The places I looked at that were cheaper than this, though, either didn’t have as much space, were more run-down, lacked a desk, or were not in great locations for walking everywhere.

900.000 COP – Food

My spending is higher here than it should be because I never cook, and don’t store more than snacks at the house. I essentially eat out twice a day, for around 12.000-15.000 COP a pop. Occasionally, I swing a free meal or a cheaper one, but I also occasionally eat 3 times in one day or eat somewhere expensive. It turns out to be about $15/day or $450/month.

65.000 COP – Taxi and Transportation

I walk most places I need to go, because I strategically chose the location of my apartment. But I need to take a taxi when I go out on the weekends, and normally its shared. As a point of reference, you can get pretty much anywhere in Medellin, even from the north to the south, for about 12.000-13.000 COP, or less. This is about $7-$8, but is really cheap if you split it among 3 people. (Many taxi rides are in the 5.000-8.000 COP range.)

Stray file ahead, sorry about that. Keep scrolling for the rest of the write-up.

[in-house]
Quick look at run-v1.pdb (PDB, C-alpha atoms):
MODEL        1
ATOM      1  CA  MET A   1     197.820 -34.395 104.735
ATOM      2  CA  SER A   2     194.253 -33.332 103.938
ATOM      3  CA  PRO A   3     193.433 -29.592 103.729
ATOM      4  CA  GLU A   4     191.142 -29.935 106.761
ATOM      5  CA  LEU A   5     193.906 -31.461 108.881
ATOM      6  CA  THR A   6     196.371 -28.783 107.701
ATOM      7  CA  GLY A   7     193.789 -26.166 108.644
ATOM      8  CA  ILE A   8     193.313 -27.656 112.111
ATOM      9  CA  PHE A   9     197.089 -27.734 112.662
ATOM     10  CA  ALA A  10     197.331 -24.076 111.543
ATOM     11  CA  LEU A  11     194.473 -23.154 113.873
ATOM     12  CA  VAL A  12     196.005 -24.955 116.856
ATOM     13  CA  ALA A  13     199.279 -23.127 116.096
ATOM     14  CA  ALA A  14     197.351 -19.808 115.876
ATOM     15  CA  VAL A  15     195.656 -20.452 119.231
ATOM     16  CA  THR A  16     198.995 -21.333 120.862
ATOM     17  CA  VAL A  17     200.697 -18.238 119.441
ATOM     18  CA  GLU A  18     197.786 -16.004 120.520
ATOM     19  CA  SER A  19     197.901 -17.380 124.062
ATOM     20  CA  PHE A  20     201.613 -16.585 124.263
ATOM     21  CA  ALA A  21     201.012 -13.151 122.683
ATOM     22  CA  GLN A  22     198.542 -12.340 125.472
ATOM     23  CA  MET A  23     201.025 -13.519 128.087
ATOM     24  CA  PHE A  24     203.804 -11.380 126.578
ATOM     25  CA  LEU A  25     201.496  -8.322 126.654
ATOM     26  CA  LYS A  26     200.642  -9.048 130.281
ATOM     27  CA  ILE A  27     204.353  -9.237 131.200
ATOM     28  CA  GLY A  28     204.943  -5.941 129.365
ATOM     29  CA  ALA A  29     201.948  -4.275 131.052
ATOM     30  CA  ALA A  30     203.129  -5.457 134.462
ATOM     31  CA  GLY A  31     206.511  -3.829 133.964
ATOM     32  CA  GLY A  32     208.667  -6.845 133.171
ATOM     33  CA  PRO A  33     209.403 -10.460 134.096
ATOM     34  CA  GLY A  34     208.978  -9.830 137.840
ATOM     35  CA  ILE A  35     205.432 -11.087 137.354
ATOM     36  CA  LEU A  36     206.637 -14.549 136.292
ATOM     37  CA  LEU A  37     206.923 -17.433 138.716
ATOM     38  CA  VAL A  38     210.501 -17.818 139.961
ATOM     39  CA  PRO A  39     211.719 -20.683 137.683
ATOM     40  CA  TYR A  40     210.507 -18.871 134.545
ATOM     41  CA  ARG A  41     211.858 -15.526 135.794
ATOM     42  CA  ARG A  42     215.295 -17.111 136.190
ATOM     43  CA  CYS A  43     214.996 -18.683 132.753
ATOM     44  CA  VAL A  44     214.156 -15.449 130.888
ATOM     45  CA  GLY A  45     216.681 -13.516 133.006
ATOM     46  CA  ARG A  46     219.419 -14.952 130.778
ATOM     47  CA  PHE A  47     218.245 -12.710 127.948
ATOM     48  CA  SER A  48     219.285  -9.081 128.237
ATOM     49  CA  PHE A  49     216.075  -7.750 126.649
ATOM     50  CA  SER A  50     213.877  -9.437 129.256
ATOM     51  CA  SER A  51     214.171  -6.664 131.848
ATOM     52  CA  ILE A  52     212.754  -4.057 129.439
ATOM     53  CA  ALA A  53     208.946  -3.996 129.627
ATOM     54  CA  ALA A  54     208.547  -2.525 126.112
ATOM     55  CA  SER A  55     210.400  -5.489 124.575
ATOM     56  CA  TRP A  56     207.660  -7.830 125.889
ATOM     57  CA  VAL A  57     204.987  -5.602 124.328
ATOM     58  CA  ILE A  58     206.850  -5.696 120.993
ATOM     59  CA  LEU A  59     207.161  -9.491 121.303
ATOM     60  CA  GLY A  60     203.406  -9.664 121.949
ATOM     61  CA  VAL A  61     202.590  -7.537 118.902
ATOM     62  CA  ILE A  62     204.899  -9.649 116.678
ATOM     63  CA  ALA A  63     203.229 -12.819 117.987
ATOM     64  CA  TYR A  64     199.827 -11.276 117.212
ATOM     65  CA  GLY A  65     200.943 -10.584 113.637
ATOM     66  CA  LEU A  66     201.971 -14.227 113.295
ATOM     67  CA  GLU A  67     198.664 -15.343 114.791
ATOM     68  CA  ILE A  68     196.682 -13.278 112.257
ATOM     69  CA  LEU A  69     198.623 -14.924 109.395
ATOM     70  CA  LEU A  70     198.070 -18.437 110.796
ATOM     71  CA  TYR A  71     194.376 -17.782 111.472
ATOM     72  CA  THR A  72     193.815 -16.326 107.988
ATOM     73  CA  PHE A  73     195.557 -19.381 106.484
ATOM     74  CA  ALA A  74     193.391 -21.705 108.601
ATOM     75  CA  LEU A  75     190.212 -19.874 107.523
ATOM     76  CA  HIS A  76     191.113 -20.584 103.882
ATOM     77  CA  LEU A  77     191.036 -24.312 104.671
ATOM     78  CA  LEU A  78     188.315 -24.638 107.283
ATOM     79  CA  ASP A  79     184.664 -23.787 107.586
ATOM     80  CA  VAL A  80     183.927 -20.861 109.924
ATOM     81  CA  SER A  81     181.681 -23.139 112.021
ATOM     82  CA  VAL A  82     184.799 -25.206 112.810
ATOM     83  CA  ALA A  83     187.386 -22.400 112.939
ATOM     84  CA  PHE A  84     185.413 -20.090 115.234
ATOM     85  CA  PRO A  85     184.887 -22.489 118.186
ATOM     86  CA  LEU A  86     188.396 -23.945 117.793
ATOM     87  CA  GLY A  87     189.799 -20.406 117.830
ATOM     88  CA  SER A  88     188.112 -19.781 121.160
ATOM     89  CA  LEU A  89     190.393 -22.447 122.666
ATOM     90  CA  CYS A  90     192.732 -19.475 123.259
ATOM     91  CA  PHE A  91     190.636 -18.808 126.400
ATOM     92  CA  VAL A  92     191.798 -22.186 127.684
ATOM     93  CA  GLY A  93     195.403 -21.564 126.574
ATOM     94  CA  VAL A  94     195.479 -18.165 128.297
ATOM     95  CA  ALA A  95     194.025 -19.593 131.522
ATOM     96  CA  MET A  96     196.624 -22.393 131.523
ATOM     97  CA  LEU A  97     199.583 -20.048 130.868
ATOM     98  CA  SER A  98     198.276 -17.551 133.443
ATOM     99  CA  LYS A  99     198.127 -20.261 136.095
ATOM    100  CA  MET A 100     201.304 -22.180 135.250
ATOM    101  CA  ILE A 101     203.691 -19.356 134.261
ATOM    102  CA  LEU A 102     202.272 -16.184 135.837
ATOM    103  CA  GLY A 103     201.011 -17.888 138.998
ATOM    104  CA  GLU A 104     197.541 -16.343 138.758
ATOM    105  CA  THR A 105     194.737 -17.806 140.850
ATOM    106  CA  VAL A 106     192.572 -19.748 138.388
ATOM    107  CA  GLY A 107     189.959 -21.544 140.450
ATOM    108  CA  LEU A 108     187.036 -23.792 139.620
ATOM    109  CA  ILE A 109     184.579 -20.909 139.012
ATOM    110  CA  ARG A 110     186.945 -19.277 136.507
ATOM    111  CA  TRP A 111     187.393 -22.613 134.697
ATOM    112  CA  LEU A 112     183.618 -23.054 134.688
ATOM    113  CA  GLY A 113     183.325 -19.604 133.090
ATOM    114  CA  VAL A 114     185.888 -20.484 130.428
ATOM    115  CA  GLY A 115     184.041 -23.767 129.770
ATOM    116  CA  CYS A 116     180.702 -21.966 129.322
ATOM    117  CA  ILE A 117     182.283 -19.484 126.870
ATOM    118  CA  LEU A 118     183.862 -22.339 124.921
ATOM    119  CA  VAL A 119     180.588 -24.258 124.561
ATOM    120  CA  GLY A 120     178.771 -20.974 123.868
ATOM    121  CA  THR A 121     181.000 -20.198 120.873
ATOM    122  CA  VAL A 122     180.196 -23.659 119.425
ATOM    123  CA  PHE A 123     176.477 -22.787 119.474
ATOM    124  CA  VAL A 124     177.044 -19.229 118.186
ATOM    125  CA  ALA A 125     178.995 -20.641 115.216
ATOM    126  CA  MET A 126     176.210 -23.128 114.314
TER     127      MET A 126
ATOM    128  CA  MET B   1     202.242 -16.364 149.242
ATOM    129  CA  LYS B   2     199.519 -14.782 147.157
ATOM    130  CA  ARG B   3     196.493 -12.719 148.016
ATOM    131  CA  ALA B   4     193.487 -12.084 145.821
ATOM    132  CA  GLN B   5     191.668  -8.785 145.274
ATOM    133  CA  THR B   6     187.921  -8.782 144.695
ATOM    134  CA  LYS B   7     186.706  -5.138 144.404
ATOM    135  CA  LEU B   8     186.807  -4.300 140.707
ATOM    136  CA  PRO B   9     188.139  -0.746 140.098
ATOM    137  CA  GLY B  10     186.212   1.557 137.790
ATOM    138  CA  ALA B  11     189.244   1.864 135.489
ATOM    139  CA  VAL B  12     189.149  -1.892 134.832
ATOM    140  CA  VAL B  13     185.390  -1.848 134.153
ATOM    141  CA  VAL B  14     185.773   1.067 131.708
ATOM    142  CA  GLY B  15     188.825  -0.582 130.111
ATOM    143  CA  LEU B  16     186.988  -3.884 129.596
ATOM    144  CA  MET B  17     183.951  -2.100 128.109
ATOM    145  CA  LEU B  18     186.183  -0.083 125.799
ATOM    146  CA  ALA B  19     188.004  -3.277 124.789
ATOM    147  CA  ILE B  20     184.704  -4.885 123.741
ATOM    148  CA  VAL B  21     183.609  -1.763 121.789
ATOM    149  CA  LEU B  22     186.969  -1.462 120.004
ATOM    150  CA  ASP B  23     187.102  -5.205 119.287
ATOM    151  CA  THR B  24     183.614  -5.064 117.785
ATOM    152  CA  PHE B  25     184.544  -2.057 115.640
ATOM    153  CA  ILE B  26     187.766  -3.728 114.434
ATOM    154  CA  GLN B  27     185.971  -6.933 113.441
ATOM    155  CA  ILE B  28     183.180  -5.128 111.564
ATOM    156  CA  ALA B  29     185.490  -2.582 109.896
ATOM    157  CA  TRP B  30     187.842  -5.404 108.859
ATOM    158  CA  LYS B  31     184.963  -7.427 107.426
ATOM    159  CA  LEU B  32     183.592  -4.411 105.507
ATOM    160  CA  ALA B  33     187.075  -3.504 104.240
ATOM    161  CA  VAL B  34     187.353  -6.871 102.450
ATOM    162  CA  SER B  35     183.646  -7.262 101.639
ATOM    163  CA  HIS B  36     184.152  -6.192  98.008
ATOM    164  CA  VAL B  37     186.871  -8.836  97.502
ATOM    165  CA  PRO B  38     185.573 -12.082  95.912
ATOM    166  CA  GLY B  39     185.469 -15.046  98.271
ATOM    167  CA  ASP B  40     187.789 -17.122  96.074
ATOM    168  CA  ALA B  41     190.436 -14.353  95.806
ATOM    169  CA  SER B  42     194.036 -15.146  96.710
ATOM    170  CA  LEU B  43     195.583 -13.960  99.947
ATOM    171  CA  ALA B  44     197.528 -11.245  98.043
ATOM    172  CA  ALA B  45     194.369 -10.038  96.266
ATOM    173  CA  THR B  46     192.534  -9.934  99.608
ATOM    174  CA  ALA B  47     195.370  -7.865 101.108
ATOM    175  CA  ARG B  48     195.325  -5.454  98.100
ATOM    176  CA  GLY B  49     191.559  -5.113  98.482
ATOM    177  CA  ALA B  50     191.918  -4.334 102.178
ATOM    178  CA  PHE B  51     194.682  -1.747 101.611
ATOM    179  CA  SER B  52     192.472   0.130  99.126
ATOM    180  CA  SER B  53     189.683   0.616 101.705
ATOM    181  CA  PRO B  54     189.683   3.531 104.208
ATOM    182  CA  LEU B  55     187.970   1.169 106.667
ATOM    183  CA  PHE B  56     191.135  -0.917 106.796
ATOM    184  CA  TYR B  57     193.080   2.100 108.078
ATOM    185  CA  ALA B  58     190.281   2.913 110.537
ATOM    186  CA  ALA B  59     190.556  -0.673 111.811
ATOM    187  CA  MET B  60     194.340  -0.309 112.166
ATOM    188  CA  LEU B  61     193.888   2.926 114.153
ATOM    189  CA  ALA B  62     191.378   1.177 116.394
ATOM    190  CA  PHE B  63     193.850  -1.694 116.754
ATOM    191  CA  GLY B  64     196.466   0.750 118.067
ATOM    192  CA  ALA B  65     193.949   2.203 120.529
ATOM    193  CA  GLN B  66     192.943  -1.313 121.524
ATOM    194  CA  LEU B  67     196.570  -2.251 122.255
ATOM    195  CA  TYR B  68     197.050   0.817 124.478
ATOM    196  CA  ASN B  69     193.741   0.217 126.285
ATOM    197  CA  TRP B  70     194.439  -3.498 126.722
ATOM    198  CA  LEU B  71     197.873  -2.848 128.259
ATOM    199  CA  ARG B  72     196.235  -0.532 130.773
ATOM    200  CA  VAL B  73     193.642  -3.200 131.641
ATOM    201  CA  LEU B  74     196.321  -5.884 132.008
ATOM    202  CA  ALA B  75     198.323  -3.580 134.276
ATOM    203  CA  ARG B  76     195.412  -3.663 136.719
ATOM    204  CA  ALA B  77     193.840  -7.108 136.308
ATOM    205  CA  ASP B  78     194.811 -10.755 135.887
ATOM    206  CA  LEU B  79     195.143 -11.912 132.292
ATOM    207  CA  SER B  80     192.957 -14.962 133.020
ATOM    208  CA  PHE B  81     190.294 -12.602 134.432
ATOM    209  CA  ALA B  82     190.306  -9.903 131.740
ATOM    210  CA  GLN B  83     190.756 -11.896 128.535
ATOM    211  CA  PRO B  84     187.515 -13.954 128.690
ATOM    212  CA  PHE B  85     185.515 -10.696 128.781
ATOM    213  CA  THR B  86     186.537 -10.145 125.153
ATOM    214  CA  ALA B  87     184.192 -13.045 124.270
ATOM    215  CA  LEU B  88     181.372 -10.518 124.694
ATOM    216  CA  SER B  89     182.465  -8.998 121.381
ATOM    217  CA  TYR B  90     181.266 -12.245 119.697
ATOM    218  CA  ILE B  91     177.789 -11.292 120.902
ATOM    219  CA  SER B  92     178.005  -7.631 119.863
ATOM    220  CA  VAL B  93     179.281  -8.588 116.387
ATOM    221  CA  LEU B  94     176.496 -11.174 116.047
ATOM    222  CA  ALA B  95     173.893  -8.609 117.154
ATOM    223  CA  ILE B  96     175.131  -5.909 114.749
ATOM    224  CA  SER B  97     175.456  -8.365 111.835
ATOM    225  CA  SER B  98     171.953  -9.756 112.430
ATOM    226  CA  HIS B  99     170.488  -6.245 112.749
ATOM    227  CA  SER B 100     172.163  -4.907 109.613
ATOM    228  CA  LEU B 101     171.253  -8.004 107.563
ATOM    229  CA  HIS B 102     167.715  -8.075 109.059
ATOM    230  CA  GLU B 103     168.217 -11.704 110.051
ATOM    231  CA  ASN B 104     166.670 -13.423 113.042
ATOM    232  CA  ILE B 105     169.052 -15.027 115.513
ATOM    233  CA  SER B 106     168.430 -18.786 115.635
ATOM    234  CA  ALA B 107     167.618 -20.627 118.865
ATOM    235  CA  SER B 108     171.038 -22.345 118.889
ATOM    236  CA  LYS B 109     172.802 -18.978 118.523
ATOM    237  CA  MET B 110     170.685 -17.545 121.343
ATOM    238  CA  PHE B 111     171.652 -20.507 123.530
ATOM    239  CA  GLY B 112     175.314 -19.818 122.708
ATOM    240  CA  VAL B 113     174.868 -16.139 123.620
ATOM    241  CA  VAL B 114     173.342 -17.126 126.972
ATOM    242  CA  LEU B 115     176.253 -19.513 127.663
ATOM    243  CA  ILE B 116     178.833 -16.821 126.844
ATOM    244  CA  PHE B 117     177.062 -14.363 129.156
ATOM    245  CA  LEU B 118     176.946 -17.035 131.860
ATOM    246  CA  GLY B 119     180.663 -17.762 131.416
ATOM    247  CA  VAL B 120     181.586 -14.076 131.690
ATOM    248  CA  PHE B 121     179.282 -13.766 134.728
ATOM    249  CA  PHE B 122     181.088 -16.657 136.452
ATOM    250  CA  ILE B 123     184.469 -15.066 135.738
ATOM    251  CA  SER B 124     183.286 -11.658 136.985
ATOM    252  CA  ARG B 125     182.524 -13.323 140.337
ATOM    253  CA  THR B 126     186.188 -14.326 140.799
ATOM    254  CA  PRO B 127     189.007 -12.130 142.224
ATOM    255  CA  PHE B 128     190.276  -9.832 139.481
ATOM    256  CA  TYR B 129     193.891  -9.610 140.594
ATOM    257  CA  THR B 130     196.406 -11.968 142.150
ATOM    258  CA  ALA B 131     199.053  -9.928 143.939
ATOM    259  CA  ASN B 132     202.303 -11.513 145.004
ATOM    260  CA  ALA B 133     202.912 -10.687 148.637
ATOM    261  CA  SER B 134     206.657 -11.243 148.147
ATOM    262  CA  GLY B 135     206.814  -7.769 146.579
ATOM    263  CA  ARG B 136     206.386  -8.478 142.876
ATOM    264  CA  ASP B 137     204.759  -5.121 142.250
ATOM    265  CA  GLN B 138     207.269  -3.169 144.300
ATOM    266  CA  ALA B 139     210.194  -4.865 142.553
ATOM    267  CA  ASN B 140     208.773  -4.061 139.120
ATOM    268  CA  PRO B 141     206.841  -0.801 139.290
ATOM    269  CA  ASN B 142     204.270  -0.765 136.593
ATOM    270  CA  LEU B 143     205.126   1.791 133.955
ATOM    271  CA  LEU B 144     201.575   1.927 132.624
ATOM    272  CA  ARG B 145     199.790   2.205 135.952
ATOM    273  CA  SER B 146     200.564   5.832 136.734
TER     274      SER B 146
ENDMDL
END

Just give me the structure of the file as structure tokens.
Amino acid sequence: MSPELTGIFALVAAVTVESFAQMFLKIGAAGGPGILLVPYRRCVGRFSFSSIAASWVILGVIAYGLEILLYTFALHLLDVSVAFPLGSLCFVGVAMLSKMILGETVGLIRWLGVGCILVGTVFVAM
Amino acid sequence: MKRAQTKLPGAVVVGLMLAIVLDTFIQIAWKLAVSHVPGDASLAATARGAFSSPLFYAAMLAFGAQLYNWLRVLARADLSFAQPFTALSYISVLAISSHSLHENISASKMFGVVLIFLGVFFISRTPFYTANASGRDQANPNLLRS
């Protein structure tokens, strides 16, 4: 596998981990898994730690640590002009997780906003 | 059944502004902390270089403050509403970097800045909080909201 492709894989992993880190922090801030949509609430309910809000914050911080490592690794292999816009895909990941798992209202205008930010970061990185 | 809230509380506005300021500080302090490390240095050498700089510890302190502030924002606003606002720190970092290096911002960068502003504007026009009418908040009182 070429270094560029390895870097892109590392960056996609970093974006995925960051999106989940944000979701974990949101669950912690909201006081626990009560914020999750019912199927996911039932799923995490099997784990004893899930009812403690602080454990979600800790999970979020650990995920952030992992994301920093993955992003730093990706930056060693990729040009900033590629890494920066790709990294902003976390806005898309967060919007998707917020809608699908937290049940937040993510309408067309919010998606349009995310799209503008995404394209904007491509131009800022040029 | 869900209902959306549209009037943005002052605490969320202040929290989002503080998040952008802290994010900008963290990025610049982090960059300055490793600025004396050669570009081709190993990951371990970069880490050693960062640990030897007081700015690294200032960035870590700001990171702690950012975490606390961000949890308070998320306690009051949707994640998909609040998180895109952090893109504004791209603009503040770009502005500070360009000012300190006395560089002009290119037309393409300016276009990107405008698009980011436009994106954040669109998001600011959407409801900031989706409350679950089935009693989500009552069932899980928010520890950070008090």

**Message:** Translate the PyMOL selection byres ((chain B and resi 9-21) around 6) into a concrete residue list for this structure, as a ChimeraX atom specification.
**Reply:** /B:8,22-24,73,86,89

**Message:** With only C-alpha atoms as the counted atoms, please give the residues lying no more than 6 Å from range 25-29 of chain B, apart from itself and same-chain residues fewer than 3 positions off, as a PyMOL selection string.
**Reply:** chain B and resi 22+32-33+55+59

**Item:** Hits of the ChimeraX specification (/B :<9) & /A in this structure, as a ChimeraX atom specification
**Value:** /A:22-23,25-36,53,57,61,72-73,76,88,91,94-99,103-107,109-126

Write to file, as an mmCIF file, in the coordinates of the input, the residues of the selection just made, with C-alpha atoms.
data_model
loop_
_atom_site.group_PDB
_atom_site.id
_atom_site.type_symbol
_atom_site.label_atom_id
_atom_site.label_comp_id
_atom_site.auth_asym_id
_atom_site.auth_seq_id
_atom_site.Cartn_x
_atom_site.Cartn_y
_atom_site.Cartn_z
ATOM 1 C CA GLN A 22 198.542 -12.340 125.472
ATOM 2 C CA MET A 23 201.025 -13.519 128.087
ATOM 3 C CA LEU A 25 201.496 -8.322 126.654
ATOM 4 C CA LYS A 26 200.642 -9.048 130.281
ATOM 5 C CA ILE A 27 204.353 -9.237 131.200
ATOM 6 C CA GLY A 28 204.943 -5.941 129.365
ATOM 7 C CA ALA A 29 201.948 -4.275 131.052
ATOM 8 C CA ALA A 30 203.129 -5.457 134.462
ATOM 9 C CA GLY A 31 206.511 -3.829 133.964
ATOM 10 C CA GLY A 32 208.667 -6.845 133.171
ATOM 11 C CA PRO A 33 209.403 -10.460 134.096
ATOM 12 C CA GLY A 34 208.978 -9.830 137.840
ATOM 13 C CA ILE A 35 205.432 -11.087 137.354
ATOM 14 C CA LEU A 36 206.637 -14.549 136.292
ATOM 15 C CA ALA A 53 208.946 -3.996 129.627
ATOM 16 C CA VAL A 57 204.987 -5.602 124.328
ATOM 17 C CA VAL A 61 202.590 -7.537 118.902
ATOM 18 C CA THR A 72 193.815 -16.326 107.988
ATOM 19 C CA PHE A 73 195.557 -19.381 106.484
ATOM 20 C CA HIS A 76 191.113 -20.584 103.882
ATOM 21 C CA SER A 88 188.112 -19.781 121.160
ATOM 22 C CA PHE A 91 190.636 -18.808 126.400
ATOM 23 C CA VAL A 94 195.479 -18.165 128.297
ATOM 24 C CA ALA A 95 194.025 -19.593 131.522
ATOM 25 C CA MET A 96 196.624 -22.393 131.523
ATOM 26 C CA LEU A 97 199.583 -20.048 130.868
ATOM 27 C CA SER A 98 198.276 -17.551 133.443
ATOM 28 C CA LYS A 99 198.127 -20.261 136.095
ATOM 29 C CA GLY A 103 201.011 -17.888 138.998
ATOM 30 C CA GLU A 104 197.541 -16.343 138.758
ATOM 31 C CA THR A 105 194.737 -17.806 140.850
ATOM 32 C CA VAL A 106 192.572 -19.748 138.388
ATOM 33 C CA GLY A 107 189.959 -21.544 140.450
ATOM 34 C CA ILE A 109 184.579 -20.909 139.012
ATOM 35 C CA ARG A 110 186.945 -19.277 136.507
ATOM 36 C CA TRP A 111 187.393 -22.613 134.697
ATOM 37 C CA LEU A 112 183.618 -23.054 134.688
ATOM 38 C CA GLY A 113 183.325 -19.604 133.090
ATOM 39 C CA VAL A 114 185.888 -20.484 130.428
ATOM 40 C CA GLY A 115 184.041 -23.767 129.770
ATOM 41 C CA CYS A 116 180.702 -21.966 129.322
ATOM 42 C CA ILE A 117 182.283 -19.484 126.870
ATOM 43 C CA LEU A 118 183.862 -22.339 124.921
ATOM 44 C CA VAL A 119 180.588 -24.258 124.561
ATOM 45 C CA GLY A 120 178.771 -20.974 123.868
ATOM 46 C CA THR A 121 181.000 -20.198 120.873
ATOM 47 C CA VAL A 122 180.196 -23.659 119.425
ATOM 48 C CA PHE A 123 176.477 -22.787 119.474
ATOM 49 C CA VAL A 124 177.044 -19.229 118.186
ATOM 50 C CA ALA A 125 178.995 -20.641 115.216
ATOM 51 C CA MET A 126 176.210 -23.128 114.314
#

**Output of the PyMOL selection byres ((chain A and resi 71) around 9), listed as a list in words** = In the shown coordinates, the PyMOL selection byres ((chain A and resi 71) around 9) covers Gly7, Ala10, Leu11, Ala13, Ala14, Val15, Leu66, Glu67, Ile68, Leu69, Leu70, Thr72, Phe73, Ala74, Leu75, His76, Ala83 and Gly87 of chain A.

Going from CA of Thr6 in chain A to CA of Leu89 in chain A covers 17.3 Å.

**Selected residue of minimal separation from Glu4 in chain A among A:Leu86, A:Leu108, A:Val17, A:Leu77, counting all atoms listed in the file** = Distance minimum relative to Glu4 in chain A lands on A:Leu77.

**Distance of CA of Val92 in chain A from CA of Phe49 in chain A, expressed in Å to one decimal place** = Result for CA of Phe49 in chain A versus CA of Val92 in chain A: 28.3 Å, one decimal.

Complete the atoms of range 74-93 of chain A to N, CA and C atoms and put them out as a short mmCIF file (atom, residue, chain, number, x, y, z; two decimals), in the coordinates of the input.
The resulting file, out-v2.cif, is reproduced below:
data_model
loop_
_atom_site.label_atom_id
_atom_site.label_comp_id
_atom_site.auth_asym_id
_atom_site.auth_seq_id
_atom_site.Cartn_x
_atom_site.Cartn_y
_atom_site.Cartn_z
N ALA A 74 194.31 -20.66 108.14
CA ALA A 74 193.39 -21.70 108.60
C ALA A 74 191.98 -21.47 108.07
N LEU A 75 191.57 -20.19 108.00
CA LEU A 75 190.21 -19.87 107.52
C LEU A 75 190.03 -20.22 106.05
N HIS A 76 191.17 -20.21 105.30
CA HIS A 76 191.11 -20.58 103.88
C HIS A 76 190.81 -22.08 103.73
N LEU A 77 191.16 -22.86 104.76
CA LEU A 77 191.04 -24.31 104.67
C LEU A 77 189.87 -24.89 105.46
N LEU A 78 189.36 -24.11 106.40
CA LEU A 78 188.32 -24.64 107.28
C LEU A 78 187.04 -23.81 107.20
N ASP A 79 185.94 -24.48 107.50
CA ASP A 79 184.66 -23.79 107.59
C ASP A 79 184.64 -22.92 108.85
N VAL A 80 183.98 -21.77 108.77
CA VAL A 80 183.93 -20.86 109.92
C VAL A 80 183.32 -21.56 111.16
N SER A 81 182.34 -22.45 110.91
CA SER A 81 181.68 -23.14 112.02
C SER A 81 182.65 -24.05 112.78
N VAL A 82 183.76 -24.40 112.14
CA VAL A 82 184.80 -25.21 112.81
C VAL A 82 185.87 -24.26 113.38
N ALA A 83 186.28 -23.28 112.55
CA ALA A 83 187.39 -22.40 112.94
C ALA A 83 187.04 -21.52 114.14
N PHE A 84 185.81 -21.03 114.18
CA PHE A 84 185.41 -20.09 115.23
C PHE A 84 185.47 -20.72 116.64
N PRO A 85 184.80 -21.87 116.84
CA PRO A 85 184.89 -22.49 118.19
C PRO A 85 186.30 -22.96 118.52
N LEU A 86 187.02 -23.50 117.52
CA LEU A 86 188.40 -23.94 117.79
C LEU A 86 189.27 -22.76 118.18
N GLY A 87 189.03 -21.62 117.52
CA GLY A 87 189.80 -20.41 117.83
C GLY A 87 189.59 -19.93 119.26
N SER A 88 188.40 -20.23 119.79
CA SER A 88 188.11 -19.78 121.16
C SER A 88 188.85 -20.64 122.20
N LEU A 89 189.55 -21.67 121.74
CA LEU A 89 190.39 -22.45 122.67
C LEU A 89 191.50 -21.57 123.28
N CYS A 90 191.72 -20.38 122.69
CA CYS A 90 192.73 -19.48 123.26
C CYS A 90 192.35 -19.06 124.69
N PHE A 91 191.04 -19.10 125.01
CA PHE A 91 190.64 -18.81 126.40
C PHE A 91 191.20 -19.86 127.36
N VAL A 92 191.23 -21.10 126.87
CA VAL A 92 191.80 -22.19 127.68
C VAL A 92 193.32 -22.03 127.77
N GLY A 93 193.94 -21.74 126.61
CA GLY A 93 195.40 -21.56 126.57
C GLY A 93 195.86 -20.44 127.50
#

200.000 COP – Fun & Excursions

One of the things I love about Medellin is that you can go out and have a good time for relatively cheap. I rarely spend more than 50.000 per weekend on night out with drinks and cover anywhere. Note: If you tend to buy the drinks inside the clubs and bars, they cost substantially more than if you buy them at a corner store.

65.000 COP – Cell Phone

I have a prepaid cell phone and it EATS UP cash like a pig. In Colombia, you charge a phone with peso amounts rather than minutes, and each call deducts a certain peso amount based on the number you call.